A Maltese woman’s vivid recollection of the day the Mosta Dome was bombed during World War Two will take you right back to the historic moment.
“I was just a 13-year-old girl in 1942,” Lawrenza Falzon said during an interview. “I remember it was a Thursday, at 4:40pm, and the church was in a terrible state.”
“The light was coming through, there were fires, and dust and debris falling… and somehow, only one person was injured in all this,” she continued.
Falzon, who now lives in the US, was sharing here memories with Canada-based Maltese interviewer Alfred Fenech.
Over 60 Ju88s (German aircraft), a dozen Ju87s and two Jabo ME 109s took off from Sicily to attack Malta on 9th April 1942.
And it was one of the Ju88s and a Jabo ME 109 that eventually dropped a SC500 bomb through the roof of the Mosta Dome, today considered a miraculous moment among locals.
Falzon breaks down exactly what happened after the bomb entered the church – but didn’t explode.
“I was in a row of four – myself, my sister, Katarina Agius and Marianna Gauci… we all began running, running here and there… we ran to the door and it ended up ripping off some of my clothes… it was a terrible day, and everyone knows how ugly that time was,” she said.
She goes on to describe the church parvis looking like it had been “destroyed by hand grenades” and how wherever she looked, she saw bombing.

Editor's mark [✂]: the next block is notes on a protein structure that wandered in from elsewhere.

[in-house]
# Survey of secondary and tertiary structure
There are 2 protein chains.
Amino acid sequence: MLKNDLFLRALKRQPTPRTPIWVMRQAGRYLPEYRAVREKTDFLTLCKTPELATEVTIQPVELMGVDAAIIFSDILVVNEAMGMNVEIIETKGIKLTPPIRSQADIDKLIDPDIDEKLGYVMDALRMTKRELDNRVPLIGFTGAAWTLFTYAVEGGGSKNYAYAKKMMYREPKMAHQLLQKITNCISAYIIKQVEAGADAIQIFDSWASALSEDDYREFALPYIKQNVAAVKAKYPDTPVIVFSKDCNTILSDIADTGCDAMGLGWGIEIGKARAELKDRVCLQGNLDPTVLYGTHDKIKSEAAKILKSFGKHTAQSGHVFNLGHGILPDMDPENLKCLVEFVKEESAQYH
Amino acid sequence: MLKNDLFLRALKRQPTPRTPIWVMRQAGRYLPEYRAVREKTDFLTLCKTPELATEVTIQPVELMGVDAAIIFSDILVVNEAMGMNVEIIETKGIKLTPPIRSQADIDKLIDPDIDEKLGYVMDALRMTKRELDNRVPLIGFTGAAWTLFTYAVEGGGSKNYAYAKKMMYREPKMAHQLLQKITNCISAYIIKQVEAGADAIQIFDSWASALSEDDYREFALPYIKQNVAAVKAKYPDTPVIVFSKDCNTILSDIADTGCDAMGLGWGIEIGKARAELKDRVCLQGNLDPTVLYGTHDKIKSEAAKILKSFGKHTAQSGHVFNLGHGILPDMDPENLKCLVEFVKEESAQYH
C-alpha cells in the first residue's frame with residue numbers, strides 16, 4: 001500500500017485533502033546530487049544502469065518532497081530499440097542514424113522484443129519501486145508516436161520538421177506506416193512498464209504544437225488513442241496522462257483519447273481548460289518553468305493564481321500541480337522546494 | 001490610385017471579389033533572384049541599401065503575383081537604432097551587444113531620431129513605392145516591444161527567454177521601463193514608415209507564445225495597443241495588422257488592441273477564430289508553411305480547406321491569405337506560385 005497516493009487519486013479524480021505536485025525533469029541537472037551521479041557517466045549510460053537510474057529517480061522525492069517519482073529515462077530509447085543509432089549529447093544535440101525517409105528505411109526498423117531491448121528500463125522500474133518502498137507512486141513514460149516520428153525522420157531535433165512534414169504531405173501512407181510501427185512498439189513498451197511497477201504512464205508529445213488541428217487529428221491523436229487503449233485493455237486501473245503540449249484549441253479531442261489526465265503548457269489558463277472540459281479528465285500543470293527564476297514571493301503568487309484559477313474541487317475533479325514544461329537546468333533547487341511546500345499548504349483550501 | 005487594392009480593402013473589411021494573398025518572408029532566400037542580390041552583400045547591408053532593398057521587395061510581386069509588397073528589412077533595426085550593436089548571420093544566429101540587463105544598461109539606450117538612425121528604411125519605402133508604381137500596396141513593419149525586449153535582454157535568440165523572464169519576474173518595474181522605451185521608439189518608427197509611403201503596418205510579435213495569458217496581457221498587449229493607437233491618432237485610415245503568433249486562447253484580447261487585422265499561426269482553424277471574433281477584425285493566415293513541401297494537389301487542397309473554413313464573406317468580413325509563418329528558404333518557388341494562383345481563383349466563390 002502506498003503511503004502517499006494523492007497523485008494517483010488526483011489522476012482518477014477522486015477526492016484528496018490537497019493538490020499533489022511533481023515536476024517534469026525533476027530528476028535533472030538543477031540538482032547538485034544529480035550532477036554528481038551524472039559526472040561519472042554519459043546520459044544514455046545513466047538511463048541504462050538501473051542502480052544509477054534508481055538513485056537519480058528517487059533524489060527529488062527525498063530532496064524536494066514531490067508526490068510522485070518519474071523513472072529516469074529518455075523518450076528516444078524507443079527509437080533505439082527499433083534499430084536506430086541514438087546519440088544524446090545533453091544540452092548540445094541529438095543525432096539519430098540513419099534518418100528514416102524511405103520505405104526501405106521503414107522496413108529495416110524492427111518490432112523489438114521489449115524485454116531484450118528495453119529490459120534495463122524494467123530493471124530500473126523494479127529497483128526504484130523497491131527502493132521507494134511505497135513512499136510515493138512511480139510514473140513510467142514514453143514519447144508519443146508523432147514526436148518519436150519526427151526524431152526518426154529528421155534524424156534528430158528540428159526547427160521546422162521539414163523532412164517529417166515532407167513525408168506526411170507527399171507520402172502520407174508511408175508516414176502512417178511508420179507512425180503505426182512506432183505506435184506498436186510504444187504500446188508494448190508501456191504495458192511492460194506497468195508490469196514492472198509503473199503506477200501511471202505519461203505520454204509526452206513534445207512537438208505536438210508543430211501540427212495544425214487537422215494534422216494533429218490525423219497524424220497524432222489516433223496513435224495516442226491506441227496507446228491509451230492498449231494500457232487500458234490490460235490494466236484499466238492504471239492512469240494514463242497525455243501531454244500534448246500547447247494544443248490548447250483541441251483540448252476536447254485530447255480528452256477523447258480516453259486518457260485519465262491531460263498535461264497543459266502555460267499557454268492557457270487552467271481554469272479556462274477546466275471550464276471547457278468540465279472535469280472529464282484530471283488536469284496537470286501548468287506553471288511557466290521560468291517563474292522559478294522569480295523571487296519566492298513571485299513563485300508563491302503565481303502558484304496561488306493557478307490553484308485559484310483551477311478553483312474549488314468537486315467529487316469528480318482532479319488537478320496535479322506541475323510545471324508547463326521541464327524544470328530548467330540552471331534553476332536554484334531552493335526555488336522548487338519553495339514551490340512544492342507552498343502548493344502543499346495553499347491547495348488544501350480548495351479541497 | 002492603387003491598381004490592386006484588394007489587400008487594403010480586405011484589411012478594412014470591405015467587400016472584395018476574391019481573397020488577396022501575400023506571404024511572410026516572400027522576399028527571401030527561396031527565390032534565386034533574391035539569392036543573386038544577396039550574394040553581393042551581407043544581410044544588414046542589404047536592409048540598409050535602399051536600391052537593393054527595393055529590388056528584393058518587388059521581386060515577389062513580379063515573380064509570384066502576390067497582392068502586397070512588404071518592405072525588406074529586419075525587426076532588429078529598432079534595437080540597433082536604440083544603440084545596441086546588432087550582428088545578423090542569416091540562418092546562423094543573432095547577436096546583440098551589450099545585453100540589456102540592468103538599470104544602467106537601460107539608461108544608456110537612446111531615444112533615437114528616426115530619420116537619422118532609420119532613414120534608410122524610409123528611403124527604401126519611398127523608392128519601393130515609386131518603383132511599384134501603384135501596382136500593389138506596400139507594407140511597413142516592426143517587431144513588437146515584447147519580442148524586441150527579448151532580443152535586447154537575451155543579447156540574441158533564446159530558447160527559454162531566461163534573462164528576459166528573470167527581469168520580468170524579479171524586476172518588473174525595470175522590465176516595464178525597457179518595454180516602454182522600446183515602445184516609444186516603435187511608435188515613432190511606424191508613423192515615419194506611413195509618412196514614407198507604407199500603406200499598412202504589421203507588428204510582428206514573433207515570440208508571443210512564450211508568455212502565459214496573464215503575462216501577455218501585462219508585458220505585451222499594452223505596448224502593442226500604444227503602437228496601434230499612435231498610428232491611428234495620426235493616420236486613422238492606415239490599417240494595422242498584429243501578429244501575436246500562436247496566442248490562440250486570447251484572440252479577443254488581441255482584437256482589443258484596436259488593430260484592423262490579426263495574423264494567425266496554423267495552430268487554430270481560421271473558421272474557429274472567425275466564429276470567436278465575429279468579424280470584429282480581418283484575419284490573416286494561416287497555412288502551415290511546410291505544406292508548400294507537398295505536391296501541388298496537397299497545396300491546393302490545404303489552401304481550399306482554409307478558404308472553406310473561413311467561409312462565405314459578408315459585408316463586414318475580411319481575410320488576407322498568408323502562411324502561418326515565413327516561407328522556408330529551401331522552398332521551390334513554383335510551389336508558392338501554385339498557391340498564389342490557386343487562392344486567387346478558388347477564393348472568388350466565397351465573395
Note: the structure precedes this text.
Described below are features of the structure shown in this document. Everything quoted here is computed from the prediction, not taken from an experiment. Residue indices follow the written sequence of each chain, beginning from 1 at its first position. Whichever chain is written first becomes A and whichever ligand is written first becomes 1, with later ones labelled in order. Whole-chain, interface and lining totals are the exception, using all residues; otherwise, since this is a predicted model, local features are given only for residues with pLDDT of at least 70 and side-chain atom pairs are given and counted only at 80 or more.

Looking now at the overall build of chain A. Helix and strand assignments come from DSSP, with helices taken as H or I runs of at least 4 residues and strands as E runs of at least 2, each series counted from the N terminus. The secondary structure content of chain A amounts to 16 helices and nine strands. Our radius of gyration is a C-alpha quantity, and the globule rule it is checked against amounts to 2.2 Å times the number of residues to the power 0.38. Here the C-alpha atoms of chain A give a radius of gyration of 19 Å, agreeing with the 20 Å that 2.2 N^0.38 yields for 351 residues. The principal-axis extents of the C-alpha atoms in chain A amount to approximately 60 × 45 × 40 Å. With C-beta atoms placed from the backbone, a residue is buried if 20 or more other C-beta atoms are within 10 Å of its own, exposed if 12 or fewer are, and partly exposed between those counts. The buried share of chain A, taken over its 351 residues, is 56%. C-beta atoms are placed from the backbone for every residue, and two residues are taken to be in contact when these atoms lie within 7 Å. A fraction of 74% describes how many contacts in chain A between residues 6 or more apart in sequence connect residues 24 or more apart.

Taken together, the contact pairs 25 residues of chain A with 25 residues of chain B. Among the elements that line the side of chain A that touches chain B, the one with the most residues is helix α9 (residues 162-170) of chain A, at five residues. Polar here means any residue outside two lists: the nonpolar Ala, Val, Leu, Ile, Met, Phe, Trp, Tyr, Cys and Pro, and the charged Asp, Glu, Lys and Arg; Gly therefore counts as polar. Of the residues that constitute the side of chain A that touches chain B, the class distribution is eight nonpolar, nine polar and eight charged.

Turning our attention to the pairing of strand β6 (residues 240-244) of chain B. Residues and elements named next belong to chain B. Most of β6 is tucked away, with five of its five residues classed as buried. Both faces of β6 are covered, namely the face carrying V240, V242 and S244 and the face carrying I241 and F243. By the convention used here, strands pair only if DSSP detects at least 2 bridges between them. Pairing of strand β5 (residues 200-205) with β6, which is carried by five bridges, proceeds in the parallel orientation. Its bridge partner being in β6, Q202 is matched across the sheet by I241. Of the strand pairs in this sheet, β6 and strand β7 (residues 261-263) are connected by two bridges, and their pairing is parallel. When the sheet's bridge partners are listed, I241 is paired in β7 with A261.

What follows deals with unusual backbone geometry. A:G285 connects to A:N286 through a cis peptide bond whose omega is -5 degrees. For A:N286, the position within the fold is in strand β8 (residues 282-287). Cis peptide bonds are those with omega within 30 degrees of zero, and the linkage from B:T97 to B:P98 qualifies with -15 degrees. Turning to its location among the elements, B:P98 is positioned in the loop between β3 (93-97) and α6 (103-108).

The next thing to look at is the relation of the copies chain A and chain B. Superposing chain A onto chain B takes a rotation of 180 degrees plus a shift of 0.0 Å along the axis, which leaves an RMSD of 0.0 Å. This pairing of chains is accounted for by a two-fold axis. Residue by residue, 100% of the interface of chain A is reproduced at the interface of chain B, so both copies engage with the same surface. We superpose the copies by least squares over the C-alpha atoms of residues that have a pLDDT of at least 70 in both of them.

“We were evacuated, and then the Air Raid Precautions (ARP) came with stretchers to see who was hurt, thank God we were all uninjured… only Gianni Sammut was hurt a bit… no one else was hurt at all, surprisingly.”
“That April was a bad month… how many churches and theatres fell in that month?”
One of the most memorable aspects of WWII in Malta is the air raid shelters, where people would huddle and wait out aerial bombings from the fascists.
“I didn’t go to the shelters too much because we had our own,” she says. “But everyone would be on top of each other in that damp, mattresses wet with water… it was a hard time and people were really scared… my dad was always scared we wouldn’t make it to the shelter in time.”
“1942 was the worst, one of the toughest years for Malta,” she said. “It was tough – air raid after air raid, and that April, three quarters of the people never even left the air shelters for a month.”
However, for all the precautions taken, people still died.
“Once, there was a government worker, and we saw him laying dead on a wagon. We watched as the horse just took him back home dead… a splinter had hit him,” she said.
Though she survived, Falzon can’t help think of that time in Malta, a time which she describes as the worst Malta had seen for centuries.
“When the Germans came, they practically destroyed Malta,” she ended. “There was no other country that had more bombs dropped on them than us.”
Photos: Mosta Archives